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symmakhos
Friday, October 13th, 2006, 01:25 PM
Telegraph.co.uk 13/10/2006 (http://www.telegraph.co.uk/news/main.jhtml?xml=/news/2006/10/13/wfossil13.xml)

By Roger Highfield, Science Editor

The discovery of a group of half-billion-year-old fossilised embryos in China has given a glimpse of the very first animals to evolve on Earth, overturning the accepted picture of how life evolved.

Dr James Hagadorn of Amherst College, Massachusetts, who led a team of 15 scientists from five countries, reports in the journal Science that the 160 fossilised embryos, each of which consists of up to 1,000 cells and dates back as far as 580 million years, form the root stock of all of today's animals and were a critical part of the so-called Cambrian Explosion, in which animals became bigger, more diverse and ecologically dominant.
The fossils are thought to be of relatively simple creatures, the most primitive animals that were the ancestors of sponges.

The findings are controversial as a competing Chinese-American group of scientists has used embryos from the same deposit, from the Doushantuo Formation of south central China, to argue for the existence at that time of living groups of sea urchins and cnidarians (jellyfish and their kin) and that animals emerged much earlier.

But using a method called high-energy X-ray tomography to study the embryos with unprecedented precision, Dr Hagadorn's group managed to carry out a "virtual dissection" of the embryos, which are around half a millimetre across, to challenge this conclusion, revealing how the embryos show some features of animals but are distinct from anything alive today.
"We've completely characterised the embryos, and we see no features of any living animal group," said Dr Philip Donoghue of the University of Bristol, one of the team. "In fact, we argue that these are embryos of a grade of animal evolution preceding all living groups. There is going to be a huge scrap over this."

"The really big deal is that we see no evidence of more complex animals, indicating that at 580 million years ago, they had not yet evolved."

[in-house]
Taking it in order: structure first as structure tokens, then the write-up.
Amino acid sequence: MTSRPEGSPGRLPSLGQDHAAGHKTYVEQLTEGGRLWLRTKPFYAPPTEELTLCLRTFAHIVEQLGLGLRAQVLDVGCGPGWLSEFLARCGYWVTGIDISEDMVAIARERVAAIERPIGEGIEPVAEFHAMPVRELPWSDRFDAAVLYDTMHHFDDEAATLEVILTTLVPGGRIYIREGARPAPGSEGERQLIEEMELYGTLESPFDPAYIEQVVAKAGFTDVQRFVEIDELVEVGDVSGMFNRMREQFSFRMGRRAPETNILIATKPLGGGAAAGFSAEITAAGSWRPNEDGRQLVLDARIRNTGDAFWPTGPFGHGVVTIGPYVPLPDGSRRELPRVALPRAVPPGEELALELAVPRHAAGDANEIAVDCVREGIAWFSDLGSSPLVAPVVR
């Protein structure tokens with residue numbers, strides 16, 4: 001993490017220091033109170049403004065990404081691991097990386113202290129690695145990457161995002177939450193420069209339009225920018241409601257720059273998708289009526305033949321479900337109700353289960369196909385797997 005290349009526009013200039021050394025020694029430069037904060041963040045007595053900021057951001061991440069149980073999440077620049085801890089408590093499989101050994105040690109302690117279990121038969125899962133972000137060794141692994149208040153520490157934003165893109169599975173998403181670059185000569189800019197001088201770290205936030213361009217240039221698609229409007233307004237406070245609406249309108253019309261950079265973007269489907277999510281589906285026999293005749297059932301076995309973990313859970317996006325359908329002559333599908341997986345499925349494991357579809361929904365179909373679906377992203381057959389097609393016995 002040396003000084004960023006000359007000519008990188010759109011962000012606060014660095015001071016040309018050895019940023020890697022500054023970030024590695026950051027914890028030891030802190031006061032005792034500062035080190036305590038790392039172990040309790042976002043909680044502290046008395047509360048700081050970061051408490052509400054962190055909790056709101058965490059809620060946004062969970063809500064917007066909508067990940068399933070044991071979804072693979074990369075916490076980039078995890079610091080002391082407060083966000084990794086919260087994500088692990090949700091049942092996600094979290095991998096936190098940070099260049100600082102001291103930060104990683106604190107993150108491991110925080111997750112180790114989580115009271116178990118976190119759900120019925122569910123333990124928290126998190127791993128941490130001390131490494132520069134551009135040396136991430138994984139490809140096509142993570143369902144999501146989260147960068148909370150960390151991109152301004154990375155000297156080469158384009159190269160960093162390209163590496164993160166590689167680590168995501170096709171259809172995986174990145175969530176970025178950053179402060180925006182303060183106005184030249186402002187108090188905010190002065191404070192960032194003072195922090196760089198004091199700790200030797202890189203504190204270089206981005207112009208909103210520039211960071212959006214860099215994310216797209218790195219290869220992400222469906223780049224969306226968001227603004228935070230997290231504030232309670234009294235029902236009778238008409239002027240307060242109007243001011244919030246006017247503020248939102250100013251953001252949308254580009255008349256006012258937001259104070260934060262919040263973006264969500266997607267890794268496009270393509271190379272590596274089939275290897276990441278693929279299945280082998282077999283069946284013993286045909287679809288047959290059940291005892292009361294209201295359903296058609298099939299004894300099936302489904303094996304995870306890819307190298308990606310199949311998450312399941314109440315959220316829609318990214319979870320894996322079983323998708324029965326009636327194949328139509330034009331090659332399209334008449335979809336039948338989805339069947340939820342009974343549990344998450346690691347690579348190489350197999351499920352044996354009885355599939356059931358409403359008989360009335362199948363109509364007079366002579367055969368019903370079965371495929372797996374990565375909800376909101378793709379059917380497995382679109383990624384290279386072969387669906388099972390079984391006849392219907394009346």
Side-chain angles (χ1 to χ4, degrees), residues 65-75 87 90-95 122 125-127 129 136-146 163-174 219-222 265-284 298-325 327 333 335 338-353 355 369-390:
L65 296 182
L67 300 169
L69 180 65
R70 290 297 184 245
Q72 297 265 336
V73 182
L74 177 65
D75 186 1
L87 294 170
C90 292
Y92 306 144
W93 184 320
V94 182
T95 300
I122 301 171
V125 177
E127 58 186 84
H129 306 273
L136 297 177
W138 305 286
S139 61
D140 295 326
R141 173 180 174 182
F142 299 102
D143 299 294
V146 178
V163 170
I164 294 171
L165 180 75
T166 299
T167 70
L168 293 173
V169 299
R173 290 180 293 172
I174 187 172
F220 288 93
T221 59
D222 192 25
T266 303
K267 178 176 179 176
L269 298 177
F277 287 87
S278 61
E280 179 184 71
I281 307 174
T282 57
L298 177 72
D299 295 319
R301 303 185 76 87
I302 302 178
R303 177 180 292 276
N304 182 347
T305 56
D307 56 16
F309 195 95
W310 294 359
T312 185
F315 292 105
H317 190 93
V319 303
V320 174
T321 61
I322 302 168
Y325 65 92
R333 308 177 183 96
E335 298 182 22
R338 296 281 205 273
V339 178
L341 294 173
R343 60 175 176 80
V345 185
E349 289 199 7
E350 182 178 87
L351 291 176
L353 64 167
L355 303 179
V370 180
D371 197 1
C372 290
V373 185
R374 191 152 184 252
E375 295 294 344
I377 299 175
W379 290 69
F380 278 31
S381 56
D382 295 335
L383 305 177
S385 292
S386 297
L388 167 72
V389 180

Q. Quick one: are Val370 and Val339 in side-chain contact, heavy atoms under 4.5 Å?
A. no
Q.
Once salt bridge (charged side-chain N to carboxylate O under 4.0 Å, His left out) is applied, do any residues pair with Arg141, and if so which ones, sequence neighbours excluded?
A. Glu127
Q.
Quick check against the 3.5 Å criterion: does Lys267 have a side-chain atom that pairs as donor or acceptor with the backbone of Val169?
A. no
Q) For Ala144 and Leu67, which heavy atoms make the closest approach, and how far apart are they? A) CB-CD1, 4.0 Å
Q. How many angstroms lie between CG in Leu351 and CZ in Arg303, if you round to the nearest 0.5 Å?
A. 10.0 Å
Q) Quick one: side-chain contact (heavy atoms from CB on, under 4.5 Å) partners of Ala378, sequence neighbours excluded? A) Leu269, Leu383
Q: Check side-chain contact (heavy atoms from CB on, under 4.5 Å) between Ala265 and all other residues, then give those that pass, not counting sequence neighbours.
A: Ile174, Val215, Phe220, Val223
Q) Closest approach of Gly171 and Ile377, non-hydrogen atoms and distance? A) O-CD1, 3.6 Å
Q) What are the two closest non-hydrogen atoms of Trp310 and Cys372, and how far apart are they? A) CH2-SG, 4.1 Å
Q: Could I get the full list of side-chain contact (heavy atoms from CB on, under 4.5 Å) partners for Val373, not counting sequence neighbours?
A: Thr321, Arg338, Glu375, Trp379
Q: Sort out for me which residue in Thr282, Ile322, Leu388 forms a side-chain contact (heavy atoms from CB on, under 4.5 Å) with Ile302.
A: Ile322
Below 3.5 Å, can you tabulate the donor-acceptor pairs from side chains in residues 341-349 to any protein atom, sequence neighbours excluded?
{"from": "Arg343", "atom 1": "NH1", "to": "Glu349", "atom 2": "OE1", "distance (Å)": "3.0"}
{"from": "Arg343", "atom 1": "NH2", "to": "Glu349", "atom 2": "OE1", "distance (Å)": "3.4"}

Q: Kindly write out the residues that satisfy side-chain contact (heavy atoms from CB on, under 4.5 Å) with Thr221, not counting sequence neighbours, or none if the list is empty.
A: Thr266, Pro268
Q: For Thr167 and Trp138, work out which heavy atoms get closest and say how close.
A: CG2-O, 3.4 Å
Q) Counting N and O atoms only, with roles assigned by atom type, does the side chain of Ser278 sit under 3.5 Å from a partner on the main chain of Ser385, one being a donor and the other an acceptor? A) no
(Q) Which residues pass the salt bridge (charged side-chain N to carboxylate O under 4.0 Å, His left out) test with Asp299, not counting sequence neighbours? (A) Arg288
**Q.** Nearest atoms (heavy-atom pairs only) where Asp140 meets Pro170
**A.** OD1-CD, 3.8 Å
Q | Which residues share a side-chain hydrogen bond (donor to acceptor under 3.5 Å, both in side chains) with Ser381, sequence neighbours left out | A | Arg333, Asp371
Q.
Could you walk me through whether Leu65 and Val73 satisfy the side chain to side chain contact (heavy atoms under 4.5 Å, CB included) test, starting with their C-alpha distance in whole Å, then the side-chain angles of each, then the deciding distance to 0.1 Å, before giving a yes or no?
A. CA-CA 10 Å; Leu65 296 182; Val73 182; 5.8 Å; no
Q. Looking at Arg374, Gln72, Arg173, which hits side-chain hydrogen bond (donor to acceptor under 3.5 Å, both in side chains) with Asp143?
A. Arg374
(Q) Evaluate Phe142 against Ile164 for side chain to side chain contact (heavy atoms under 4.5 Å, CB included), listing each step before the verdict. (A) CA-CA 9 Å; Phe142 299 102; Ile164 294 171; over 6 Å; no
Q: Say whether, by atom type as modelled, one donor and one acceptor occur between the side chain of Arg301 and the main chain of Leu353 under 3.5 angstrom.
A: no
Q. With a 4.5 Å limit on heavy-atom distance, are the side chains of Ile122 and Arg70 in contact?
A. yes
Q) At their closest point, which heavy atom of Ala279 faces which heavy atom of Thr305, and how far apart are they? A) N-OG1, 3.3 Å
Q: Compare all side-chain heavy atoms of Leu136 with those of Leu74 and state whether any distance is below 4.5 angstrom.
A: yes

The team, which also includes Neil Gostling and Maria Pawlowska of the University of Bristol, also reports the first direct evidence that the primitive animals were capable of asynchronous cell division during development, where an embryo would have an odd number of cells, which does not fit with the expected pattern of cell division and allows the formation of unique shapes.

The scientists found evidence of cell differentiation - where embryonic cells are developing a new identity -and cells about to divide. They also believe they have identified specialised structures inside the cells, called organelles, that the cells might have used to transport, or store molecules.

Slight aberrations during the fossilisation of dead embryonic cells even reveal what appear to be dividing nuclei, the compartments at the heart of cells that contain the genetic instructions.

"We're learning something about how the very earliest multi-cellular animals formed embryos," said Indiana University biologist Rudolf Raff. "This gives us an enormous and entirely surprising look at half-a-billion-year-old embryos in the act of cleaving. We've had no prior idea what they might have done."

Prof Simon Conway Morris of Cambridge University, an expert on the Cambrian Explosion, said: "We have incredible structures within the cells. Claims for a much older date seem now to have been abandoned."

Fossilised embryos are very rare. The Doushantuo Formation has proved a boon to palaeontologists and evolutionary developmental biologists interested in the evolution of animal species.